Corporate social responsibility: when ‘why’ matters more than ‘how much’

Posted on Friday, April 15, 2016

Professor Donia
A recent paper by Professor Magda Donia of the Telfer School of Management at the University of Ottawa suggests that companies have much to gain by engaging in corporate social responsibility (CSR), but only if it is deemed genuine by their employees. This trend underscores that, from an organizational behaviour perspective, “motives matter.”

Supporting the theory that employees respond to their employer’s engagement towards CSR, Donia’s review of numerous research papers found that employees’ perceptions of their employers’ CSR efforts — whether they view them as symbolic (greenwashing) or substantive (genuine) — matter a lot. A 2015 survey of millennials by Deloitte found that when it comes to corporate social responsibility, 75% of millennials believe their company is too focused on its agenda and not enough on helping to improve society.  Many viewed their company’s only role as maximizing shareholder value.

Employee perceptions are shaped by a wide range of influences, such as competitors’ CSR initiatives, and most particularly, employees’ past and present work experiences.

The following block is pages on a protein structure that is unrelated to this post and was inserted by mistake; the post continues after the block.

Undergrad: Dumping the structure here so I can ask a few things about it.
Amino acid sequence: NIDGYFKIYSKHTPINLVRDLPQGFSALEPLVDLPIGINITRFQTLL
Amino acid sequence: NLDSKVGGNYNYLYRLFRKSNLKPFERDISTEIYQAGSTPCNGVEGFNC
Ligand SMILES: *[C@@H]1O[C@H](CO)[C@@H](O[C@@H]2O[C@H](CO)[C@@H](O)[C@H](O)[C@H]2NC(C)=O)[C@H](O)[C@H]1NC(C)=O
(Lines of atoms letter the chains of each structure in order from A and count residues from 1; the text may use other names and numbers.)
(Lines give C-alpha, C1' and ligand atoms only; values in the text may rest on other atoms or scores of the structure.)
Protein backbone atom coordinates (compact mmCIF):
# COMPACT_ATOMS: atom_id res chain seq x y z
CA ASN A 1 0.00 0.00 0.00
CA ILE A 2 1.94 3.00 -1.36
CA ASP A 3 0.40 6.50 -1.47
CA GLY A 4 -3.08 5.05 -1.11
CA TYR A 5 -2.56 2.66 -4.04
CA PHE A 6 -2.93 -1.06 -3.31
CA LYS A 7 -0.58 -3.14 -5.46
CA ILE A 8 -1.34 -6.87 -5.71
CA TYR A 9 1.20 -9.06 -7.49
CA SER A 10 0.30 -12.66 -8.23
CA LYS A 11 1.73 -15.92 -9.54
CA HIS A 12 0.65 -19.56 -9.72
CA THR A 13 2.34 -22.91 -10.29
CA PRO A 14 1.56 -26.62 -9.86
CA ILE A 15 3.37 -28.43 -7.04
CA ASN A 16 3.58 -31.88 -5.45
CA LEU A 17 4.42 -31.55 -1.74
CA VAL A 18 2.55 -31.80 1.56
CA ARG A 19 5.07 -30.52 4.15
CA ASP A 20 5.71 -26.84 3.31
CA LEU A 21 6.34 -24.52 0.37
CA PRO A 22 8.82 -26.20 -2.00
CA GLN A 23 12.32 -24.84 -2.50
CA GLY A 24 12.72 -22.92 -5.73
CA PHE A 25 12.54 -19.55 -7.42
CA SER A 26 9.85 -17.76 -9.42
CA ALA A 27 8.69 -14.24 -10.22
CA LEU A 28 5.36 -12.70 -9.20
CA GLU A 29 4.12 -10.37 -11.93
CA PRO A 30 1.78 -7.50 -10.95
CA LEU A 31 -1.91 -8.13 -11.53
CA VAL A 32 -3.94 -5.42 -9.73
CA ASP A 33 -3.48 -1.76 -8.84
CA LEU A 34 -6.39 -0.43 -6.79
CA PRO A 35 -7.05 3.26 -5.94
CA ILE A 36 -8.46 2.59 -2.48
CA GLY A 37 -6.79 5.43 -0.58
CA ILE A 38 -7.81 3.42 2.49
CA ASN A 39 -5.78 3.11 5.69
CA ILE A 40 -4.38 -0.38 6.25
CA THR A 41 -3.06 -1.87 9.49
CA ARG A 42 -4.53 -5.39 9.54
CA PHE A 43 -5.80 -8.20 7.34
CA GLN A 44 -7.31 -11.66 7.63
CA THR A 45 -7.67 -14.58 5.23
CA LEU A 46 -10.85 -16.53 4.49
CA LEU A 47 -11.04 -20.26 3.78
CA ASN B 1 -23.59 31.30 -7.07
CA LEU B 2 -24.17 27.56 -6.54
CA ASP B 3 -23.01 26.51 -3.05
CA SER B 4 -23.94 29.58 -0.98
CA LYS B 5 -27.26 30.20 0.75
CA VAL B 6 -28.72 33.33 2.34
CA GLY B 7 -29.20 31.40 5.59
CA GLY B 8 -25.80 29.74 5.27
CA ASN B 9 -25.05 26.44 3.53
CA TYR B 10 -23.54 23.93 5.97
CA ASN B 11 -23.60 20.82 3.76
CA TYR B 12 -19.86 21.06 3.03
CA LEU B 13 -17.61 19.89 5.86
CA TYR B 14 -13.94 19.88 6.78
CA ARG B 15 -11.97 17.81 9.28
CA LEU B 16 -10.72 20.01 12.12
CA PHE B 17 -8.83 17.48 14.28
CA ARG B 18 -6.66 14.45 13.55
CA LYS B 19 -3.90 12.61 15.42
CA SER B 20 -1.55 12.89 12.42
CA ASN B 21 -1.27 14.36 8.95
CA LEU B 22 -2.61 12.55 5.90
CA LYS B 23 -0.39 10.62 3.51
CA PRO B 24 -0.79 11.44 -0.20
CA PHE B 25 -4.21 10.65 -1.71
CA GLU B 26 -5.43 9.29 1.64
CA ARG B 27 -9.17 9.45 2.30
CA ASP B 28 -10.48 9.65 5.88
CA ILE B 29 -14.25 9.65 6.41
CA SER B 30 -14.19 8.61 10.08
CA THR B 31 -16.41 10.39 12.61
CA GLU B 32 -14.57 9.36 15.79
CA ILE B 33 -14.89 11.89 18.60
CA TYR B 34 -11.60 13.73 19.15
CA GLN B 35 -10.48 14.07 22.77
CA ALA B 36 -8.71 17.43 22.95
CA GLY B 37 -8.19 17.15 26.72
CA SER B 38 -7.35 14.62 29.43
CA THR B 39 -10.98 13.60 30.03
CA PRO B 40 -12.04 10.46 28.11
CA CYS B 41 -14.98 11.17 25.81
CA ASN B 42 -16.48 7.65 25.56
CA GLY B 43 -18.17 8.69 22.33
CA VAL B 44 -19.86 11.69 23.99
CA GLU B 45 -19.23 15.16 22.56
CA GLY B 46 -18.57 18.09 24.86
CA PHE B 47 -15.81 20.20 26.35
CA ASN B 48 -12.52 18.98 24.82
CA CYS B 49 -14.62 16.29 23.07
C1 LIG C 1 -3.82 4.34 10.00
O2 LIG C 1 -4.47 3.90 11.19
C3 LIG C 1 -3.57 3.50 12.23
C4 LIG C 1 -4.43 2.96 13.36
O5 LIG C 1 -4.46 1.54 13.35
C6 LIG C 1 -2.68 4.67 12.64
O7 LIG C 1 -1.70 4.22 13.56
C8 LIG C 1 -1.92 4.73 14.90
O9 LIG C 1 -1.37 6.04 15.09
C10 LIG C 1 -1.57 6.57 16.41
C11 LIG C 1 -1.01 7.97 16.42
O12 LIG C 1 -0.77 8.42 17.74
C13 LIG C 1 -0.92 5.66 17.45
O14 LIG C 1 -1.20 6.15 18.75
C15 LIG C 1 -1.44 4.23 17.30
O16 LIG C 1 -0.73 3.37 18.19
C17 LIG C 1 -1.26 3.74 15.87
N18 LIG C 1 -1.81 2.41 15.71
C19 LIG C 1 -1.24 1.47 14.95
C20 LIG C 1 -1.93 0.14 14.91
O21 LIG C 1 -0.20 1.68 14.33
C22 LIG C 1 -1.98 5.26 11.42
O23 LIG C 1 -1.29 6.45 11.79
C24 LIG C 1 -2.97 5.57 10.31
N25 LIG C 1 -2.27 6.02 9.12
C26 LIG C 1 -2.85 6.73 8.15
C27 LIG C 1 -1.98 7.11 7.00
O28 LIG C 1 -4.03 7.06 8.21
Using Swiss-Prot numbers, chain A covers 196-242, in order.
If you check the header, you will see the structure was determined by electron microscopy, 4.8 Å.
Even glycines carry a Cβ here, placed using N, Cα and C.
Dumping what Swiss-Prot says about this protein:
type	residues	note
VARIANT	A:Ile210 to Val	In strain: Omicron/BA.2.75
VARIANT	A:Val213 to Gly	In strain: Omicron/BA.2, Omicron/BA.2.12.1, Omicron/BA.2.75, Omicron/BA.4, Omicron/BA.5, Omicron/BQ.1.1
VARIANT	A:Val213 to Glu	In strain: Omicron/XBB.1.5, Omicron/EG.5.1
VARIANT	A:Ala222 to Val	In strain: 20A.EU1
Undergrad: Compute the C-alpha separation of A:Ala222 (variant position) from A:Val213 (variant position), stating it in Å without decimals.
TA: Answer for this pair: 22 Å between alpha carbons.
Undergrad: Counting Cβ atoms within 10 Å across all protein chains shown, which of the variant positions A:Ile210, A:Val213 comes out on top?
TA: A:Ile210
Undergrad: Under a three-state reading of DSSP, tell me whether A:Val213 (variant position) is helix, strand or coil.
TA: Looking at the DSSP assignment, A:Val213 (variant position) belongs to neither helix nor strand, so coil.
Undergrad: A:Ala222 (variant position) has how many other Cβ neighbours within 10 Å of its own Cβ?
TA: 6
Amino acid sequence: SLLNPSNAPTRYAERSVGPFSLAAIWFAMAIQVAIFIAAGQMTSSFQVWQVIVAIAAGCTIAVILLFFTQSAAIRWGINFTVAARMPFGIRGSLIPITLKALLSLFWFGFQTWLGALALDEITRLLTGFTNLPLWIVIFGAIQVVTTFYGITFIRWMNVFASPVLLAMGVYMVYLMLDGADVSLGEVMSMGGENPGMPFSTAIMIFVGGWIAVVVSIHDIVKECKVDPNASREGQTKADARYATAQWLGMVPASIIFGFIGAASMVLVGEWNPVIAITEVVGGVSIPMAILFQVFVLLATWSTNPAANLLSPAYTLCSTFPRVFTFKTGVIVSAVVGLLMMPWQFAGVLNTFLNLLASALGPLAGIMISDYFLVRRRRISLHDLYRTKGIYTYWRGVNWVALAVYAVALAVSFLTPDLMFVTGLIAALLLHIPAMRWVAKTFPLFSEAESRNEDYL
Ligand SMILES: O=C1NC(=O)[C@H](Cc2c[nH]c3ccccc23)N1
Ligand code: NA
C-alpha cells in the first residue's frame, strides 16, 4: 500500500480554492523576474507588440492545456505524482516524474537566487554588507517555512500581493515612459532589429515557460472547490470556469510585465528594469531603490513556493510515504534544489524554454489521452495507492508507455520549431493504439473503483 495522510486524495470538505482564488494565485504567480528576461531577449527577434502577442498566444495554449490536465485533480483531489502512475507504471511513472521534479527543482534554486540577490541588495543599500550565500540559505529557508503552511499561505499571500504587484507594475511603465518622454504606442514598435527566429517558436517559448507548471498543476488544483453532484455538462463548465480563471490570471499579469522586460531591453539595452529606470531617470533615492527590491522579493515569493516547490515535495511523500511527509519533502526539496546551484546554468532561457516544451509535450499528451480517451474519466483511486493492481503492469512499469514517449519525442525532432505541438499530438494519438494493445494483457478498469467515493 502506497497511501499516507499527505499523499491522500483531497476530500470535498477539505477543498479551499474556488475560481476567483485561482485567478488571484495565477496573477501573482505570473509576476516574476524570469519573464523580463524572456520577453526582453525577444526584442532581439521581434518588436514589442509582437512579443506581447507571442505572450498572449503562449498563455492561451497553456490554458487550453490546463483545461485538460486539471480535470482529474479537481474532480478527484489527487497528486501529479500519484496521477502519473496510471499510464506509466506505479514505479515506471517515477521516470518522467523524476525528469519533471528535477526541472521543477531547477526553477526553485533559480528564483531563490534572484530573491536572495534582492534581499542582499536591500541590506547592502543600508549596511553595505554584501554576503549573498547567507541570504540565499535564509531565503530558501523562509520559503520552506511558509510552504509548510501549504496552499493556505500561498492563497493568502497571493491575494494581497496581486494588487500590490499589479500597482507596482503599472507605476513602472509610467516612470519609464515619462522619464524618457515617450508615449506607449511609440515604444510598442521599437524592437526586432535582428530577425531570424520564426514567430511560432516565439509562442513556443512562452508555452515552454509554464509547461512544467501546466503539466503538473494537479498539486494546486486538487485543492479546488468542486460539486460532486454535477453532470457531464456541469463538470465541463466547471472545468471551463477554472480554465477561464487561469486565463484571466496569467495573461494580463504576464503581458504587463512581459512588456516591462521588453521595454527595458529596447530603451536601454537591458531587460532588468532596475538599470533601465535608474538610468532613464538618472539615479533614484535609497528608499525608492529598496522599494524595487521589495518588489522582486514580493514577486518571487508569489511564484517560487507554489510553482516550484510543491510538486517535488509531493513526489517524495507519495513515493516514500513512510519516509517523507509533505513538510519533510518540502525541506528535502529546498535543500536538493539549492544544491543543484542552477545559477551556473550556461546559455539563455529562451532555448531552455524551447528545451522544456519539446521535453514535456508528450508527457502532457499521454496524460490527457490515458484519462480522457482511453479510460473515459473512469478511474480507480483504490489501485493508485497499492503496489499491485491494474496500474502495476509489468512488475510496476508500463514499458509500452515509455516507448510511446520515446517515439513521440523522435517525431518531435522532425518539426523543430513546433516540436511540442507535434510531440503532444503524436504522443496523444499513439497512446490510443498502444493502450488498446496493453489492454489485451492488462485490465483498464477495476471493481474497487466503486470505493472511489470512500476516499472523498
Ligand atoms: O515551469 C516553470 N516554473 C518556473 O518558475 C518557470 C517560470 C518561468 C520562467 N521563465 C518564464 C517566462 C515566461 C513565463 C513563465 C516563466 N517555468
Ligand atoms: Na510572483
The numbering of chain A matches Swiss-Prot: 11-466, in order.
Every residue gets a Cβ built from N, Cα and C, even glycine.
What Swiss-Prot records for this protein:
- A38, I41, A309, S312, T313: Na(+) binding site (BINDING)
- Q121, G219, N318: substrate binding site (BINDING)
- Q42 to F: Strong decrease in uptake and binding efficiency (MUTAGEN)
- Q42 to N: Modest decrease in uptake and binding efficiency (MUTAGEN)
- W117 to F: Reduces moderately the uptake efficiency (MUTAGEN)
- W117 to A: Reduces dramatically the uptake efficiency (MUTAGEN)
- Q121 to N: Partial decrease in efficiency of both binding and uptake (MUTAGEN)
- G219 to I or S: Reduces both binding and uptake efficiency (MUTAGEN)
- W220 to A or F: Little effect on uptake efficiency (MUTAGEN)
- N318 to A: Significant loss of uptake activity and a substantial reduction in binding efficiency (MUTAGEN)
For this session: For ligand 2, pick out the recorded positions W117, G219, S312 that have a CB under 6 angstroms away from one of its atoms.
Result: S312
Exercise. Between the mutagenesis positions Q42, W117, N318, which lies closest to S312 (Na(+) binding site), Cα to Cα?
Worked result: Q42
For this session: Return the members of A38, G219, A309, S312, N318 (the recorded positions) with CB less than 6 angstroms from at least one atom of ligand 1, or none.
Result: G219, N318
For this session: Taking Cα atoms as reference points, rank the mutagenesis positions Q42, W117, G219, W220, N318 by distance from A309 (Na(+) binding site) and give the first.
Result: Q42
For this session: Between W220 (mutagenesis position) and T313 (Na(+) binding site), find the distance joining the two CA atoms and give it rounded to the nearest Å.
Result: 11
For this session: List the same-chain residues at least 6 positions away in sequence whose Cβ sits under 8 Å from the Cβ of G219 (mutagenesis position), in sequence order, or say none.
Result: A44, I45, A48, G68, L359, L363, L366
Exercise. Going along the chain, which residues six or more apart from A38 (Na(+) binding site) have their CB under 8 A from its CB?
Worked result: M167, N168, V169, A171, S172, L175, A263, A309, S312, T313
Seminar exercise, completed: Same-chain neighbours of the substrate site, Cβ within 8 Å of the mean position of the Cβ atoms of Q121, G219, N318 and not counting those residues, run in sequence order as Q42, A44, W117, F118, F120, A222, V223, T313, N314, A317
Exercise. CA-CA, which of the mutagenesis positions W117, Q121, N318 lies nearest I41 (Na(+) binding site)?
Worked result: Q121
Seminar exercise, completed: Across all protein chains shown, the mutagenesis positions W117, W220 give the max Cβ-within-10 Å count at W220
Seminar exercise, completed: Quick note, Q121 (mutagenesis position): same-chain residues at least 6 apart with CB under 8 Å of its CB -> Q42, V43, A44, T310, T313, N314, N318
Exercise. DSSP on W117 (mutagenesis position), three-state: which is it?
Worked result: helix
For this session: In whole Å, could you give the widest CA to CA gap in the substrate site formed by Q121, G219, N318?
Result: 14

For Donia, employees’ observations determine their attitudes and behaviours. “Think of the employee as an intuitive psychologist who observes their employer’s CSR behaviour, and then imputes certain motives. Because this sensemaking of observed behaviours is often more automatic than conscious, it is powerful. Managers should take note. As should, for that matter, anyone in the company with a say in creating and communication CSR programs,” says Donia.

This research suggests that CSR mainly motivated by a desire to help its target will generate greater employee commitment, identification and attachment to the organization, as well as job satisfaction. On the other hand, a self-serving CSR approach seen to be aimed at benefitting the organization may even lead to negative employee attitudes with regards to loyalty and organizational trust, and to deviance.

Donia’s follow-up empirical study, currently being reviewed by the journal Applied Psychology, provides further evidence of these findings. 

She stresses that it is important for organizations to have genuine intentions when pursuing corporate social responsibility. “If the employees evaluate their organization’s CSR efforts as self-serving, there will be costs. There will be cynicism and charges of green-washing,” concludes Donia.

Read the full paper.

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